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Matrix (mathematics)
In mathematics, a matrix (plural: matrices) is a rectangular array[1] of numbers, symbols, or expressions, arranged in rows and columns.[2][3] For example, the dimensions of the matrix below are 2 × 3 (read "two by three"), because there are two rows and three columns: [ 1 9 − 13 20 5 − 6 ] . displaystyle begin bmatrix 1&9&-13\20&5&-6end bmatrix
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Coordinate System
In geometry, a coordinate system is a system which uses one or more numbers, or coordinates, to uniquely determine the position of the points or other geometric elements on a manifold such as Euclidean space.[1][2] The order of the coordinates is significant, and they are sometimes identified by their position in an ordered tuple and sometimes by a letter, as in "the x-coordinate". The coordinates are taken to be real numbers in elementary mathematics, but may be complex numbers or elements of a more abstract system such as a commutative ring
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Matrix Equation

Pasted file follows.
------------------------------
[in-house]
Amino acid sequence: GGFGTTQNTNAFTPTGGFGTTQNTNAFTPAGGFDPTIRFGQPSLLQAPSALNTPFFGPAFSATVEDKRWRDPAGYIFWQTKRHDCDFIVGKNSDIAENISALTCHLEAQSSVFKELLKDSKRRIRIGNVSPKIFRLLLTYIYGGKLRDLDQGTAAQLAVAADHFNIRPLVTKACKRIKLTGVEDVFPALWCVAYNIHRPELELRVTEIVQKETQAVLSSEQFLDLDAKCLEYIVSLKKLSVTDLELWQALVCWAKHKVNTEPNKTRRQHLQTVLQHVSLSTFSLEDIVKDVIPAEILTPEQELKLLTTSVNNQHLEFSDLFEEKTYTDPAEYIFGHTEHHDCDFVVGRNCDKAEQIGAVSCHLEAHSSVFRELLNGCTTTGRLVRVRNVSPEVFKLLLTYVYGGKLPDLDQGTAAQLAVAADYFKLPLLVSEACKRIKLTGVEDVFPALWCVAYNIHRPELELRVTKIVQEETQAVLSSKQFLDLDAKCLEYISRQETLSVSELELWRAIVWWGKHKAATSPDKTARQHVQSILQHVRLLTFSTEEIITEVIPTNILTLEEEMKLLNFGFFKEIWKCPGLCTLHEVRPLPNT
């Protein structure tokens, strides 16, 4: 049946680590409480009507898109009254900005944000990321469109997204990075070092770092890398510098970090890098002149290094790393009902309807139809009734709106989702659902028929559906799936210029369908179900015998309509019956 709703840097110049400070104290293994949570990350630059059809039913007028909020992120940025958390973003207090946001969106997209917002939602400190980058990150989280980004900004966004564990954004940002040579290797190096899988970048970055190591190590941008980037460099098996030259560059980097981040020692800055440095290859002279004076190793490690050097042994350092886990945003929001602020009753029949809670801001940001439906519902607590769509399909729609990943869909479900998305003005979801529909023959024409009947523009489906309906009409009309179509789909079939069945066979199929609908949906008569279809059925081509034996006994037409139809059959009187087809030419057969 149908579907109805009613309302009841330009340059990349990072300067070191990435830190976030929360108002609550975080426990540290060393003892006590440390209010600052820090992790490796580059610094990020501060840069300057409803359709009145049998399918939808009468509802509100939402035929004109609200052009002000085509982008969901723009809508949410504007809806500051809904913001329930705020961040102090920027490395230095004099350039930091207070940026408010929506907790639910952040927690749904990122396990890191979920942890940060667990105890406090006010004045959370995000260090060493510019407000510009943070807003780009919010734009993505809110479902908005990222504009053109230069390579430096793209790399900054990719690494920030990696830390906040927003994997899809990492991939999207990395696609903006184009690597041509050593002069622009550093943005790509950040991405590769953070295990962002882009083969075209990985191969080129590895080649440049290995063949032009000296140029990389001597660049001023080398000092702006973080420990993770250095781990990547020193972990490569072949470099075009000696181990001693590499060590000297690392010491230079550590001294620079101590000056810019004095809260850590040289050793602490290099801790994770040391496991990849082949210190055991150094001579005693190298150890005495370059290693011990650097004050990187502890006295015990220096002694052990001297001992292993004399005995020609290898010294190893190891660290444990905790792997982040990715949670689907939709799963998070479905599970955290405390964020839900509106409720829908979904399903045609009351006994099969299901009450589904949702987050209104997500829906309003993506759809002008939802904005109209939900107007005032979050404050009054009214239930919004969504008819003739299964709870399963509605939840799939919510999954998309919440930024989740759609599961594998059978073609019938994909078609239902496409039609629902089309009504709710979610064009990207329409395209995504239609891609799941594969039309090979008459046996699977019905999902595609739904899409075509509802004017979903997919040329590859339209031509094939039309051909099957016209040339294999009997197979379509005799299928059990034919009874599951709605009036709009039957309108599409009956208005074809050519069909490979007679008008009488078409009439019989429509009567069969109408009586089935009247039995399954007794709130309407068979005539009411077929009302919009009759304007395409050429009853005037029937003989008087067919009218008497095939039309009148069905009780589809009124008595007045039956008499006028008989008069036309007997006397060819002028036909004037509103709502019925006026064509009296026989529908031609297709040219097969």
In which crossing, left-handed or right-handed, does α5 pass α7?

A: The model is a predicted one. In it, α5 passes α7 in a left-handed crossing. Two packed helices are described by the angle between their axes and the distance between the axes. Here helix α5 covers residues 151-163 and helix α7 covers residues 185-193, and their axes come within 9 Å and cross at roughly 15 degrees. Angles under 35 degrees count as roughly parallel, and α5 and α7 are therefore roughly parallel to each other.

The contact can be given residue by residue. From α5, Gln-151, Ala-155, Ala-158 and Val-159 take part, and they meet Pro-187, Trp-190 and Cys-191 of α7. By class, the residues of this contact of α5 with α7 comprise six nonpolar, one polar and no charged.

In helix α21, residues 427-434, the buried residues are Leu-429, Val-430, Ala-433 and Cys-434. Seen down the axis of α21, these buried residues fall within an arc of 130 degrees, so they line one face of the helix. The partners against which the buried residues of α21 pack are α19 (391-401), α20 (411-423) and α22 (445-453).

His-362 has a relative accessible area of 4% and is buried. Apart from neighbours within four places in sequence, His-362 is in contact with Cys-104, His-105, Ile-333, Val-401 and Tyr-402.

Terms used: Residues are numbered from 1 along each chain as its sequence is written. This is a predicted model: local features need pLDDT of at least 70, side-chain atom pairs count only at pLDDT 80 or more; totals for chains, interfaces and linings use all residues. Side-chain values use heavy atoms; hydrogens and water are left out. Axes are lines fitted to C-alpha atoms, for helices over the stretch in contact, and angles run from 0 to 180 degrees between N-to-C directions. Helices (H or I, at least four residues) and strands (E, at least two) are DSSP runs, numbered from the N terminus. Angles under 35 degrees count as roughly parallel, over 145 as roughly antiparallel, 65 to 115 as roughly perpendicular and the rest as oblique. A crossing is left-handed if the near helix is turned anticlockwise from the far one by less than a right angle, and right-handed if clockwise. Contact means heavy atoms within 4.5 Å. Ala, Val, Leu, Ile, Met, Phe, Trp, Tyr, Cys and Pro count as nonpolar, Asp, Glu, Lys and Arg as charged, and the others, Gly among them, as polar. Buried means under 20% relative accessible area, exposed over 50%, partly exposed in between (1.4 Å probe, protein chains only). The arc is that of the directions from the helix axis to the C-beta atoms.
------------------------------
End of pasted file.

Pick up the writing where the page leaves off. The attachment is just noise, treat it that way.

In mathematics, a matrix (plural: matrices) is a rectangular array[1] of numbers, symbols, or expressions, arranged in rows and columns.[2][3] For example, the dimensions of the matrix below are 2 × 3 (read "two by three"), because there are two rows and three columns: [ 1 9 − 13 20 5 − 6 ] . displaystyle begin bmatrix 1&9&-13\20&5&-6end bmatrix
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Incompressible
In fluid mechanics or more generally continuum mechanics, incompressible flow (isochoric flow) refers to a flow in which the material density is constant within a fluid parcel—an infinitesimal volume that moves with the flow velocity. An equivalent statement that implies incompressibility is that the divergence of the flow velocity is zero (see the derivation below, which illustrates why these conditions are equivalent). Incompressible flow does not imply that the fluid itself is incompressible
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Derivative
The derivative of a function of a real variable measures the sensitivity to change of the function value (output value) with respect to a change in its argument (input value). Derivatives are a fundamental tool of calculus. For example, the derivative of the position of a moving object with respect to time is the object's velocity: this measures how quickly the position of the object changes when time advances. The derivative of a function of a single variable at a chosen input value, when it exists, is the slope of the tangent line to the graph of the function at that point. The tangent line is the best linear approximation of the function near that input value